VR for Good: Meet Executive Producer Amy Seidenwurm

Oculus Blog
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September 7, 2022
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Meta’s VR for Good initiative has a singular mission: to harness the full power of VR to tell stories that matter and have immediate social impact. From racial and social justice to mental health, VR for Good brings together rich storytelling, immersive worlds, and socially relevant stories to generate empathy, empowerment, and understanding. Last week, we launched an updated web presence to better share these stories with the world. And to celebrate, we sat down with VR for Good Executive Producer Amy Seidenwurm to discuss her background, what brought her to Meta, and the intersection of VR and traditional filmmaking.

Tell us about VR for Good.

Amy Seidenwurm: VR for Good funds and fosters narrative virtual reality experiences that have a social impact slant to them. Basically, we use storytelling and technology to help people connect with one another and hopefully empathize with one another and have social impact outcomes. I think I have the best job at Meta—and maybe the best job in the world.

Your work might be kind of hard to understand for people who don’t have a lot of experience with VR. Can you give an example of a piece that shows what this technology is capable of?

AS: With VR for Good, we’re currently doing work that falls into two categories: social and racial justice and mental health. Goliath: Playing With Reality is one of our mental health experiences. It’s a 6DOF story narrated by Tilda Swinton that takes place inside the mind of a real man who’s diagnosed with schizophrenia. It’s his journey of learning about his illness, being in a hospital, and ultimately finding community, getting out of the hospital, and being able to live a relatively normal life. It won the Grand Jury Prize for Best VR Immersive Work at the Venice International Film Festival in 2021 and is now nominated for an Emmy. But we also got a lot of feedback from people in the mental health community who were really thankful that we could show what it feels like to live with mental illness. The project also spoke to our core Meta Quest community. A lot of them are gamers, but it got them to see a totally different side of what this technology could do.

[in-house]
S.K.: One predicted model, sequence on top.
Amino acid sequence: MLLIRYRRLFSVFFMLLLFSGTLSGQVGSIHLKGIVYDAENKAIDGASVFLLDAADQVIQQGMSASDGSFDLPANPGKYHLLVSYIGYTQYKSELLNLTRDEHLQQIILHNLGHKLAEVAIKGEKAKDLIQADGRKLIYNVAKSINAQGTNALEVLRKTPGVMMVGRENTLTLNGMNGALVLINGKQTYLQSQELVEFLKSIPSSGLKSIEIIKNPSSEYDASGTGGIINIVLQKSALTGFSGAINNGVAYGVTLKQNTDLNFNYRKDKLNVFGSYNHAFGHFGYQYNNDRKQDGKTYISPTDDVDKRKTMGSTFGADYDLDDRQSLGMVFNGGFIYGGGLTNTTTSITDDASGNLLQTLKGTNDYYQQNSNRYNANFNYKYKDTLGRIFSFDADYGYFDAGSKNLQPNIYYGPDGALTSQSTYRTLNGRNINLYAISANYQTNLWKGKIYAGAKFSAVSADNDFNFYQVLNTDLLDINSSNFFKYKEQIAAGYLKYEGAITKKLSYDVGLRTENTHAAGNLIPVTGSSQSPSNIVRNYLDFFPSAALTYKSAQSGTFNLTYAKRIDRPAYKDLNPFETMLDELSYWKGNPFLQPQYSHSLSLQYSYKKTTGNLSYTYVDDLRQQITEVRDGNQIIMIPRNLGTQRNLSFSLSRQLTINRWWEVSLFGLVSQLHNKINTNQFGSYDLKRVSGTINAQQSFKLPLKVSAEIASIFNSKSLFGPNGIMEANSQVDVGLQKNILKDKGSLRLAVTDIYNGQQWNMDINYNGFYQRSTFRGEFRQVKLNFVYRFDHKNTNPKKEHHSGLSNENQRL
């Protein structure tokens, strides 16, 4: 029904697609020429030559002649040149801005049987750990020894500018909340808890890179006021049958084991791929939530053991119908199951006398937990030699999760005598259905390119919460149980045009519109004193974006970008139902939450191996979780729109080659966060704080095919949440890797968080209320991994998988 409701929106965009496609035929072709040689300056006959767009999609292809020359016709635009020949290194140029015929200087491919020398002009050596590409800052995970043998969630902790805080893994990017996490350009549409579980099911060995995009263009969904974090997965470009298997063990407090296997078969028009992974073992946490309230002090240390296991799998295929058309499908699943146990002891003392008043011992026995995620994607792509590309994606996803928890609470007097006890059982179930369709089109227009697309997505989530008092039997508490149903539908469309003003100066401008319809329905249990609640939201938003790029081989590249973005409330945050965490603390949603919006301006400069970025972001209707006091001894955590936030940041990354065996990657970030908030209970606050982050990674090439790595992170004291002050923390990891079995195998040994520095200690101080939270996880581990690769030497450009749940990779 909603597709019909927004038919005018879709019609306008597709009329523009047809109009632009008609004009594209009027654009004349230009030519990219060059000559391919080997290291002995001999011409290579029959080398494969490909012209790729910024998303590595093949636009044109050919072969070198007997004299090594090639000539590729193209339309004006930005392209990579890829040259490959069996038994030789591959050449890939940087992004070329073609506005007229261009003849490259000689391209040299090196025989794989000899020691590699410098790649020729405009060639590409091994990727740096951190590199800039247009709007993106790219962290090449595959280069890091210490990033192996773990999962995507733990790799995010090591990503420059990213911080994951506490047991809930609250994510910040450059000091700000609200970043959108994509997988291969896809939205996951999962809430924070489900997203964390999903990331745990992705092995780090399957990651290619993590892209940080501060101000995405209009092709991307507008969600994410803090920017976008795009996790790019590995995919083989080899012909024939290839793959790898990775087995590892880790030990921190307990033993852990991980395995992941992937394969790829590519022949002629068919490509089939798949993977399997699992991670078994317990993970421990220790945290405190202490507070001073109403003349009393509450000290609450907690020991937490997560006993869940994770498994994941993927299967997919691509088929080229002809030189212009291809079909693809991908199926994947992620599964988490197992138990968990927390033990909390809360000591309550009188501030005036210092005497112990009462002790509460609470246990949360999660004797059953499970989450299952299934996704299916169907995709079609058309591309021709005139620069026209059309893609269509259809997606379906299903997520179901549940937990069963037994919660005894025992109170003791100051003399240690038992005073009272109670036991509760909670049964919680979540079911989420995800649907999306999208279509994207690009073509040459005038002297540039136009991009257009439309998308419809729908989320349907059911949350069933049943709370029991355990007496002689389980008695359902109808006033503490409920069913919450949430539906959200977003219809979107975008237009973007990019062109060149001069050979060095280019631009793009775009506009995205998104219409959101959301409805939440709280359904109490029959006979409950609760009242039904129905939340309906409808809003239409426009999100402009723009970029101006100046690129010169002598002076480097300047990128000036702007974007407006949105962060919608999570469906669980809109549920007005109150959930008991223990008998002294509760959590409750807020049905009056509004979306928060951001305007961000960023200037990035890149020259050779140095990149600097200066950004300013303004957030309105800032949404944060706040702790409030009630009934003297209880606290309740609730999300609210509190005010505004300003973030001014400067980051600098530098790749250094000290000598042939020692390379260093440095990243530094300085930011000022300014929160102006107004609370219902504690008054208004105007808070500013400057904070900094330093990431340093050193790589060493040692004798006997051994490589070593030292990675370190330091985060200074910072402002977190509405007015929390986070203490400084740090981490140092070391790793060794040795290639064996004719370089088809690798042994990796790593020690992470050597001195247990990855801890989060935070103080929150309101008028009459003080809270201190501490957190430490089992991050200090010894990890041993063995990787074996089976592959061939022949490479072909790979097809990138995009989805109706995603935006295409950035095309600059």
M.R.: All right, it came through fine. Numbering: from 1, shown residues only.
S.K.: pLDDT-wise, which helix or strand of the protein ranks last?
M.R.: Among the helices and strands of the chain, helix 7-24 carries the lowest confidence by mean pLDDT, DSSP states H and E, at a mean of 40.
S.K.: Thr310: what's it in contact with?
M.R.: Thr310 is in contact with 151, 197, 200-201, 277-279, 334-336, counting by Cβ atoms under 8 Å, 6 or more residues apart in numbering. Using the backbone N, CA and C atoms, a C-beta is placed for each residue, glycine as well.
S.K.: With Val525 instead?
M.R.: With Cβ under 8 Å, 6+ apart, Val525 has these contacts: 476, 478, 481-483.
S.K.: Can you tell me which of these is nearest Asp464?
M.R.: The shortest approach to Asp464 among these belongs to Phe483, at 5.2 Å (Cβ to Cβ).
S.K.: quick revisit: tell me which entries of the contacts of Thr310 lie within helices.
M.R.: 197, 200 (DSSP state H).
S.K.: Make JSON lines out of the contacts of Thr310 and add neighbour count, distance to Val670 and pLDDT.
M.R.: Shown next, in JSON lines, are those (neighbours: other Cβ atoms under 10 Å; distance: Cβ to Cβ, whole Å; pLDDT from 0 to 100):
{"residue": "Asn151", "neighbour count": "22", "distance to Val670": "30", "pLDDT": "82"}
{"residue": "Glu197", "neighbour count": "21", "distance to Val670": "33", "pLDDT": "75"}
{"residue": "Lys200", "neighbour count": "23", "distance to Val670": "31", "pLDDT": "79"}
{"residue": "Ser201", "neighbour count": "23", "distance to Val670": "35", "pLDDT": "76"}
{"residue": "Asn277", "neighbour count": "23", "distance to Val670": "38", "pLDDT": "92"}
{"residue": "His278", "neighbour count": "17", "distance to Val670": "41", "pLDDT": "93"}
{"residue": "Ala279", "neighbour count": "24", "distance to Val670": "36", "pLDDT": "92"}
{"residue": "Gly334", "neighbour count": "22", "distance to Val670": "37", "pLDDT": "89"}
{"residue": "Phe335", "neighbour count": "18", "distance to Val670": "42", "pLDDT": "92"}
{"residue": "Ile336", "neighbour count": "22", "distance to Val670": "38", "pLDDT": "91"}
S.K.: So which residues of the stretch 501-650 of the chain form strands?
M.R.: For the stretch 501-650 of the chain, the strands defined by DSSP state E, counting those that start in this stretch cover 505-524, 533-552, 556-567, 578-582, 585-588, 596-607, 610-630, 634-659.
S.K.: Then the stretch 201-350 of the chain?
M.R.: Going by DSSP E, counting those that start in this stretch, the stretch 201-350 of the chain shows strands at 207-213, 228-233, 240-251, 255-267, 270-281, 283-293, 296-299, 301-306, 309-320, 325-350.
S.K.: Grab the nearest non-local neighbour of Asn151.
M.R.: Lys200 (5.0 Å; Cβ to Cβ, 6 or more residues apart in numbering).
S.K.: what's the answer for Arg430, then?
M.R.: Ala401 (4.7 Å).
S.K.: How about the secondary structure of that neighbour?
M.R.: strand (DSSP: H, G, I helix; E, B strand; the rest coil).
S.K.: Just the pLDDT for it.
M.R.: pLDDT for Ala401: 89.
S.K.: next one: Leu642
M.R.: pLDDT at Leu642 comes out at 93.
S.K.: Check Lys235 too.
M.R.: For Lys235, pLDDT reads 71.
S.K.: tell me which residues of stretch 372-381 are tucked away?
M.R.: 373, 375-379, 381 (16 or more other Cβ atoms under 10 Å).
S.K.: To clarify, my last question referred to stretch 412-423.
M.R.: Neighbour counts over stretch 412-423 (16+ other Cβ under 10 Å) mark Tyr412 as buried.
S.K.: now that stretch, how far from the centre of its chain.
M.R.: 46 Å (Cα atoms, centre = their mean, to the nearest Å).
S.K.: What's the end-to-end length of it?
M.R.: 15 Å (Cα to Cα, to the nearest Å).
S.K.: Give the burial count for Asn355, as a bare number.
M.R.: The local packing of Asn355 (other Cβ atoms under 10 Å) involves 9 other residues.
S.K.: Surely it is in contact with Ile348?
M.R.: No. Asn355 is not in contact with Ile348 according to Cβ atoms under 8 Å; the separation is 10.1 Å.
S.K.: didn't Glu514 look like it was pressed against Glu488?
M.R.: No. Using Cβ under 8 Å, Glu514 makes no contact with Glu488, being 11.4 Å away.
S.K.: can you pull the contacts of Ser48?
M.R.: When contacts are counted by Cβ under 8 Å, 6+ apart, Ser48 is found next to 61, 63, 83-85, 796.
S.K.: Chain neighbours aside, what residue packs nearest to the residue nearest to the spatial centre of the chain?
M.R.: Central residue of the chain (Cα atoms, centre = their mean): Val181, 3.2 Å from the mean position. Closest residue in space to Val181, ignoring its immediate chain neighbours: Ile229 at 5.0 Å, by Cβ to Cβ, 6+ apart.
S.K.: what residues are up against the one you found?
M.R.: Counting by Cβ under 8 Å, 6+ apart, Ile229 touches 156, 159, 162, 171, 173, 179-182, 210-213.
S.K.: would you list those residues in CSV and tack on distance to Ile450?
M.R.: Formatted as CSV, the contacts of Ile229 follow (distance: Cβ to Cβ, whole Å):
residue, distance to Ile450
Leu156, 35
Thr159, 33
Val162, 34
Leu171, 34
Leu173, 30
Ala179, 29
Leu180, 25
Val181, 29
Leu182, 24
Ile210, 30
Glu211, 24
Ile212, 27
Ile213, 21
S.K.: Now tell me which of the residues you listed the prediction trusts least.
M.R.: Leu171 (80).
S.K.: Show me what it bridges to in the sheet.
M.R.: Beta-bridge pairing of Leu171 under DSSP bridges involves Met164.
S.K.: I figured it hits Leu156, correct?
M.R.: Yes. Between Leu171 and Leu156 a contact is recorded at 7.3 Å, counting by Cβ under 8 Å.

You started doing this six years ago, which is a lifetime in terms of VR technology. How have things changed in that time?

AS: It’s been an incredible trajectory. When I started, all of the work we were creating was for Samsung Gear VR. Remember that? You took your Samsung phone and clicked it into the headset. Today, we’re working with 6DOF—six degrees of freedom—which allows you to actually be inside of an experience, to feel what it’s like to be in somebody’s world.

It seems analogous to the early days of the film industry, moving from short reels to narrative silent films to sound and color and eventually to where we are today. Does it feel that way to you?

AS: Oh, totally. When we first started, you couldn’t have a camera that was closer than six or eight feet from the subject, because it would get so grainy and distorted. Now the cameras have improved so vastly—they’ve gotten so much smaller and have such higher resolution. We can do all sorts of stuff that we just had no chance of doing five years ago.

What brought you to Meta and VR for Good?

AS: I was running digital initiatives for the Los Angeles Philharmonic, and a lot of what we were trying to do was reach a younger and more diverse audience. So we created a VR experience called VAN Beethoven. It was a truck equipped with Oculus Rift DK2 headsets that drove around the city to generally underserved communities. We made the inside of the truck look like a concert hall and gave people a VR Beethoven experience. It was such a huge success, and I was so hooked on it, that I quit my job and started independently producing VR. I did independent production for literally six weeks before I learned that VR For Good needed an executive producer. It was a great opportunity that I still can’t believe happened.